𝚃𝚘𝚗𝚒𝚐𝚑𝚝 𝚠𝚊𝚜 𝚖𝚢 𝚏𝚒𝚛𝚜𝚝 𝚝𝚒𝚖𝚎 𝚑𝚘𝚕𝚍𝚒𝚗𝚐 𝚊 𝚑𝚊𝚛𝚍 𝚌𝚘𝚙𝚢 𝚘𝚏 "𝙳𝚎𝚊𝚍 𝚒𝚗 𝙷𝚘𝚕𝚕𝚢𝚠𝚘𝚘𝚍: 𝙳𝚘𝚛𝚘𝚝𝚑𝚢 𝙳𝚊𝚗𝚍𝚛𝚒𝚍𝚐𝚎 𝙻𝚒𝚟𝚎𝚜 𝙷𝚎𝚛𝚎." 𝙸 𝚌𝚊𝚗'𝚝 𝚋𝚎𝚐𝚒𝚗 𝚝𝚘 𝚍𝚎𝚜𝚌𝚛𝚒𝚋𝚎 𝚑𝚘𝚠 𝚐𝚘𝚘𝚍 𝚝𝚑𝚊𝚝 𝚏𝚎𝚎𝚕𝚜 𝚊𝚏𝚝𝚎𝚛 𝚜𝚙𝚎𝚗𝚍𝚒𝚗𝚐 𝚖𝚘𝚗𝚝𝚑𝚜 𝚠𝚘𝚛𝚔𝚒𝚗𝚐 𝚘𝚗 𝚒𝚝 𝚍𝚒𝚐𝚒𝚝𝚊𝚕𝚕𝚢. 𝙸 𝚜𝚙𝚎𝚗𝚝 𝚊 𝚕𝚘𝚝 𝚘𝚏 𝚝𝚒𝚖𝚎 𝚘𝚗 𝚝𝚑𝚒𝚜 𝚒𝚜𝚜𝚞𝚎. 𝙸𝚝'𝚜 𝚙𝚛𝚘𝚋𝚊𝚋𝚕𝚢 𝚖𝚢 𝚏𝚊𝚟𝚘𝚛𝚒𝚝𝚎 𝚘𝚗𝚎 𝚢𝚎𝚝. 𝚂𝚘𝚖𝚎 𝚜𝚝𝚘𝚛𝚒𝚎𝚜 𝚜𝚎𝚎𝚖 𝚝𝚘 𝚜𝚝𝚒𝚌𝚔 𝚠𝚒𝚝𝚑 𝚖𝚎 𝚕𝚘𝚗𝚐𝚎𝚛. 𝙳𝚊𝚗𝚍𝚛𝚒𝚍𝚐𝚎'𝚜 𝚠𝚊𝚜 𝚘𝚗𝚎 𝚘𝚏 𝚝𝚑𝚘𝚜𝚎 𝚜𝚝𝚘𝚛𝚒𝚎𝚜 𝚝𝚑𝚊𝚝 𝙸 𝚌𝚊𝚗'𝚝 𝚜𝚎𝚎𝚖 𝚝𝚘 𝚜𝚑𝚊𝚔𝚎. 𝙷𝚎𝚛 𝚜𝚝𝚘𝚛𝚢 𝚒𝚜 𝚘𝚗𝚎 𝚘𝚏 𝚝𝚛𝚒𝚞𝚖𝚙𝚑 𝚒𝚗 𝚝𝚑𝚎 𝚏𝚊𝚌𝚎 𝚘𝚏 𝚌𝚘𝚗𝚜𝚝𝚊𝚗𝚝 𝚊𝚍𝚟𝚎𝚛𝚜𝚒𝚝𝚢. 𝙸 𝚜𝚑𝚊𝚛𝚎 𝚊 𝚗𝚞𝚖𝚋𝚎𝚛 𝚘𝚏 𝚙𝚎𝚛𝚜𝚘𝚗𝚊𝚕 𝚜𝚝𝚘𝚛𝚒𝚎𝚜 𝚊𝚋𝚘𝚞𝚝 𝚖𝚎 𝚖𝚘𝚟𝚒𝚗𝚐 𝚝𝚘 𝙻.𝙰. 𝚊𝚗𝚍 𝚍𝚒𝚜𝚌𝚘𝚟𝚎𝚛𝚒𝚗𝚐 𝙳𝚊𝚗𝚍𝚛𝚒𝚍𝚐𝚎 𝚒𝚗 𝚊 𝚐𝚒𝚏𝚝 𝚜𝚑𝚘𝚙 𝚗𝚘𝚝 𝚏𝚊𝚛 𝚏𝚛𝚘𝚖 𝚠𝚑𝚎𝚛𝚎 𝚜𝚑𝚎 𝚍𝚒𝚎𝚍. 𝙴𝚕𝚜𝚎𝚠𝚑𝚎𝚛𝚎 𝚒𝚗 𝚝𝚑𝚎 𝚒𝚜𝚜𝚞𝚎, 𝙸 𝚜𝚑𝚊𝚛𝚎 𝚊 𝚋𝚞𝚗𝚌𝚑 𝚘𝚏 𝚙𝚑𝚘𝚝𝚘𝚐𝚛𝚊𝚙𝚑𝚜 𝙸 𝚝𝚘𝚘𝚔 𝚝𝚑𝚒𝚜 𝚙𝚊𝚜𝚝 𝚠𝚒𝚗𝚝𝚎𝚛 𝚘𝚏 𝚑𝚎𝚛 𝚍𝚎𝚊𝚝𝚑 𝚊𝚍𝚍𝚛𝚎𝚜𝚜 - 𝚊 𝚋𝚎𝚊𝚞𝚝𝚒𝚏𝚞𝚕 𝚊𝚙𝚊𝚛𝚝𝚖𝚎𝚗𝚝 𝚋𝚞𝚒𝚕𝚍𝚒𝚗𝚐 𝚘𝚗 𝙵𝚘𝚞𝚗𝚝𝚊𝚒𝚗 𝙰𝚟𝚎. 𝚒𝚗 𝚆𝚎𝚜𝚝 𝙷𝚘𝚕𝚕𝚢𝚠𝚘𝚘𝚍. 𝙿𝚒𝚌𝚔 𝚞𝚙 𝚊 𝚌𝚘𝚙𝚢 HERE 𝚘𝚛 𝚒𝚏 𝚢𝚘𝚞'𝚛𝚎 𝚒𝚗 𝙻𝚘𝚗𝚐 𝙱𝚎𝚊𝚌𝚑 𝚝𝚘𝚖𝚘𝚛𝚛𝚘𝚠, 𝚜𝚝𝚘𝚙 𝚋𝚢 𝚝𝚑𝚎 𝙼𝚞𝚜𝚎𝚞𝚖 𝚘𝚏 𝙻𝚊𝚝𝚒𝚗 𝙰𝚖𝚎𝚛𝚒𝚌𝚊𝚗 𝙰𝚛𝚝 𝚊𝚗𝚍 𝚙𝚒𝚌𝚔 𝚞𝚙 𝚊 𝚌𝚘𝚙𝚢. 𝚆𝚎'𝚕𝚕 𝚋𝚎 𝚝𝚊𝚋𝚕𝚒𝚗𝚐 𝚝𝚘𝚖𝚘𝚛𝚛𝚘𝚠 𝚏𝚛𝚘𝚖 𝟷𝟷𝙰𝙼 - 𝟻𝙿𝙼 (𝙼𝙾𝙻𝙰𝙰 - 𝟼𝟸𝟾 𝙰𝚕𝚊𝚖𝚒𝚝𝚘𝚜 𝙰𝚟𝚎, 𝙻𝚘𝚗𝚐 𝙱𝚎𝚊𝚌𝚑, 𝙲𝙰 𝟿𝟶𝟾𝟶𝟸). I
𝙳𝚘𝚛𝚘𝚝𝚑𝚢 𝙳𝚊𝚗𝚍𝚛𝚒𝚍𝚐𝚎 𝚊𝚛𝚛𝚒𝚟𝚎𝚜 𝚏𝚘𝚛 𝚝𝚑𝚎 𝟸𝟽𝚝𝚑 𝙰𝚌𝚊𝚍𝚎𝚖𝚢 𝙰𝚠𝚊𝚛𝚍𝚜 𝚘𝚗 𝙼𝚊𝚛𝚌𝚑 𝟹𝟶, 𝟷𝟿𝟻𝟻. 𝚂𝚑𝚎 𝚒𝚜 𝚝𝚑𝚎 𝚏𝚒𝚛𝚜𝚝 𝙰𝚏𝚛𝚒𝚌𝚊𝚗-𝙰𝚖𝚎𝚛𝚒𝚌𝚊𝚗 𝚝𝚘 𝚋𝚎 𝚗𝚘𝚖𝚒𝚗𝚊𝚝𝚎𝚍 𝚏𝚘𝚛 𝚊 𝚕𝚎𝚊𝚍𝚒𝚗𝚐 𝚛𝚘𝚕𝚎. 𝚂𝚑𝚎 𝚜𝚑𝚊𝚛𝚎𝚜 𝚑𝚎𝚛 𝙾𝚜𝚌𝚊𝚛 𝚗𝚘𝚖𝚒𝚗𝚊𝚝𝚒𝚘𝚗 𝚠𝚒𝚝𝚑 𝙶𝚛𝚊𝚌𝚎 𝙺𝚎𝚕𝚕𝚢, 𝙰𝚞𝚍𝚛𝚎𝚢 𝙷𝚎𝚙𝚋𝚞𝚛𝚗, 𝙹𝚞𝚍𝚢 𝙶𝚊𝚛𝚕𝚊𝚗𝚍, 𝚊𝚗𝚍 𝙹𝚊𝚗𝚎 𝚆𝚢𝚖𝚊𝚗. 𝙺𝚎𝚕𝚕𝚢 𝚠𝚒𝚗𝚜 𝚏𝚘𝚛 "𝚃𝚑𝚎 𝙲𝚘𝚞𝚗𝚝𝚛𝚢 𝙶𝚒𝚛𝚕," 𝚋𝚞𝚝 𝙳𝚘𝚛𝚘𝚝𝚑𝚢 𝙳𝚊𝚗𝚍𝚛𝚒𝚍𝚐𝚎 𝚒𝚜 𝚊𝚗 𝚘𝚟𝚎𝚛𝚗𝚒𝚐𝚑𝚝 𝚜𝚎𝚗𝚜𝚊𝚝𝚒𝚘𝚗.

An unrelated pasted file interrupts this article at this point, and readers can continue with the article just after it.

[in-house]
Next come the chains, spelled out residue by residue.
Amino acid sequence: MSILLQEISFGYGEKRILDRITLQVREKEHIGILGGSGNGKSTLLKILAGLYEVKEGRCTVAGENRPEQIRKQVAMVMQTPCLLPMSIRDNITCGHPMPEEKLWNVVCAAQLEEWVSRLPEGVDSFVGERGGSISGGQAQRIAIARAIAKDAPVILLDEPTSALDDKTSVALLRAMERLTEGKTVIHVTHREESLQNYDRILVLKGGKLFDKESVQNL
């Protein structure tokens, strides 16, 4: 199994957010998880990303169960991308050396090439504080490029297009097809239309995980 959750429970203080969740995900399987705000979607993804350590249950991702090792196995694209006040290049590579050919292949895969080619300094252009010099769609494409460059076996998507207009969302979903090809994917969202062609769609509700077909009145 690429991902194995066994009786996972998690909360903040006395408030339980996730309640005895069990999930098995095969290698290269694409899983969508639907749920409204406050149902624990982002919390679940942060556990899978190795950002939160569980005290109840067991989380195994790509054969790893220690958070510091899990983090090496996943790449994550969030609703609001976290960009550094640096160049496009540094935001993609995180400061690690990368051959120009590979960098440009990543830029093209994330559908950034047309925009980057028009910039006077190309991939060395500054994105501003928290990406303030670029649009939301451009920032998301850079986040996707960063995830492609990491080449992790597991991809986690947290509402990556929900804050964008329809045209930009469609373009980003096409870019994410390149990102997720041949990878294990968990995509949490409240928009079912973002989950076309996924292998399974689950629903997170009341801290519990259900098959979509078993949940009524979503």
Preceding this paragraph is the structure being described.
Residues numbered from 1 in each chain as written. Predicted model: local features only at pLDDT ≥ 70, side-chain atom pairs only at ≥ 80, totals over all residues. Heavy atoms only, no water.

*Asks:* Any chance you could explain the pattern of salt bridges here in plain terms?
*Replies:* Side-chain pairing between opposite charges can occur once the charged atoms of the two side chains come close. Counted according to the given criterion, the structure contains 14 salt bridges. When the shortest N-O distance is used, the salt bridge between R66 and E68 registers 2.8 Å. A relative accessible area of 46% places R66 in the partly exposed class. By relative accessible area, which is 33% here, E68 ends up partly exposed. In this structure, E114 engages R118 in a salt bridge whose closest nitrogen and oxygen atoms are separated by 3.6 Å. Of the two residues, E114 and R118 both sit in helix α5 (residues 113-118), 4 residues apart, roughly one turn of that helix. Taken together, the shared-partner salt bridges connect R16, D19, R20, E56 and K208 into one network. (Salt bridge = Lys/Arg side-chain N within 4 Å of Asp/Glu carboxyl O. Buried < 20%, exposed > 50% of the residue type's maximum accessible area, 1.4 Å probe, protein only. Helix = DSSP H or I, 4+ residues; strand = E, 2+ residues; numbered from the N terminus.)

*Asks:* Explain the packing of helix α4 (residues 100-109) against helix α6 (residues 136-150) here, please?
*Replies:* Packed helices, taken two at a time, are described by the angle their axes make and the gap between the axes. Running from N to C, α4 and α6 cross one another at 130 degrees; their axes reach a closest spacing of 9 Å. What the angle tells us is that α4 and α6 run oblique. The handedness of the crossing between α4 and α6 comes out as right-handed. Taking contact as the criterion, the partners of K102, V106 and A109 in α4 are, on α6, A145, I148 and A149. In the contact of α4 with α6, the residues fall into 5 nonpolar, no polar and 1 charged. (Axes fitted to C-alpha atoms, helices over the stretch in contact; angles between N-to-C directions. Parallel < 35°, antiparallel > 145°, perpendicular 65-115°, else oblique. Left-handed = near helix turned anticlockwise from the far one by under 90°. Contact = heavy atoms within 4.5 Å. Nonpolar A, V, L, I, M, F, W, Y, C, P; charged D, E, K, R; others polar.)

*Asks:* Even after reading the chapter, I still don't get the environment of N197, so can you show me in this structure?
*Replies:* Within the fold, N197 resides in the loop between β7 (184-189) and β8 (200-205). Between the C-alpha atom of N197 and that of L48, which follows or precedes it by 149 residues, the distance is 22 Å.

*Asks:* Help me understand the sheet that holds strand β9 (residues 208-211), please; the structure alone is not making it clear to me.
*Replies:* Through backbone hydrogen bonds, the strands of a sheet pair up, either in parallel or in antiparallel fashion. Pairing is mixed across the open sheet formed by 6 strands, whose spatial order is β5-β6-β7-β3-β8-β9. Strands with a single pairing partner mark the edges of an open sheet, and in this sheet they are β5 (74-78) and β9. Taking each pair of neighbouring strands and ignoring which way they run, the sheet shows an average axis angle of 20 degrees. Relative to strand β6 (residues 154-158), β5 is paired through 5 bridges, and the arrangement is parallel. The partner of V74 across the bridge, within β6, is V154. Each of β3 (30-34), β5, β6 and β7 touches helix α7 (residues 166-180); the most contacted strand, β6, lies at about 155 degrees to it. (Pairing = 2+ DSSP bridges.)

As Dandridge's career rises, she appears on numerous magazine covers. As popular as she was becoming, overtly racist comments and actions follow her the rest of her career. She tells People Today in 1953 that, “To be a siren of song, one needs more than talent, looks, and voice. One needs understanding of people. At first, I was afraid they wouldn’t like me. Then I realized the first step in that direction was to like them and to assume they would like me.” The magazine refers to her as a “bronze bombshell” and featured her on the back cover. Soon she'll be making history as the first African-American woman to grace the cover of Life Magazine.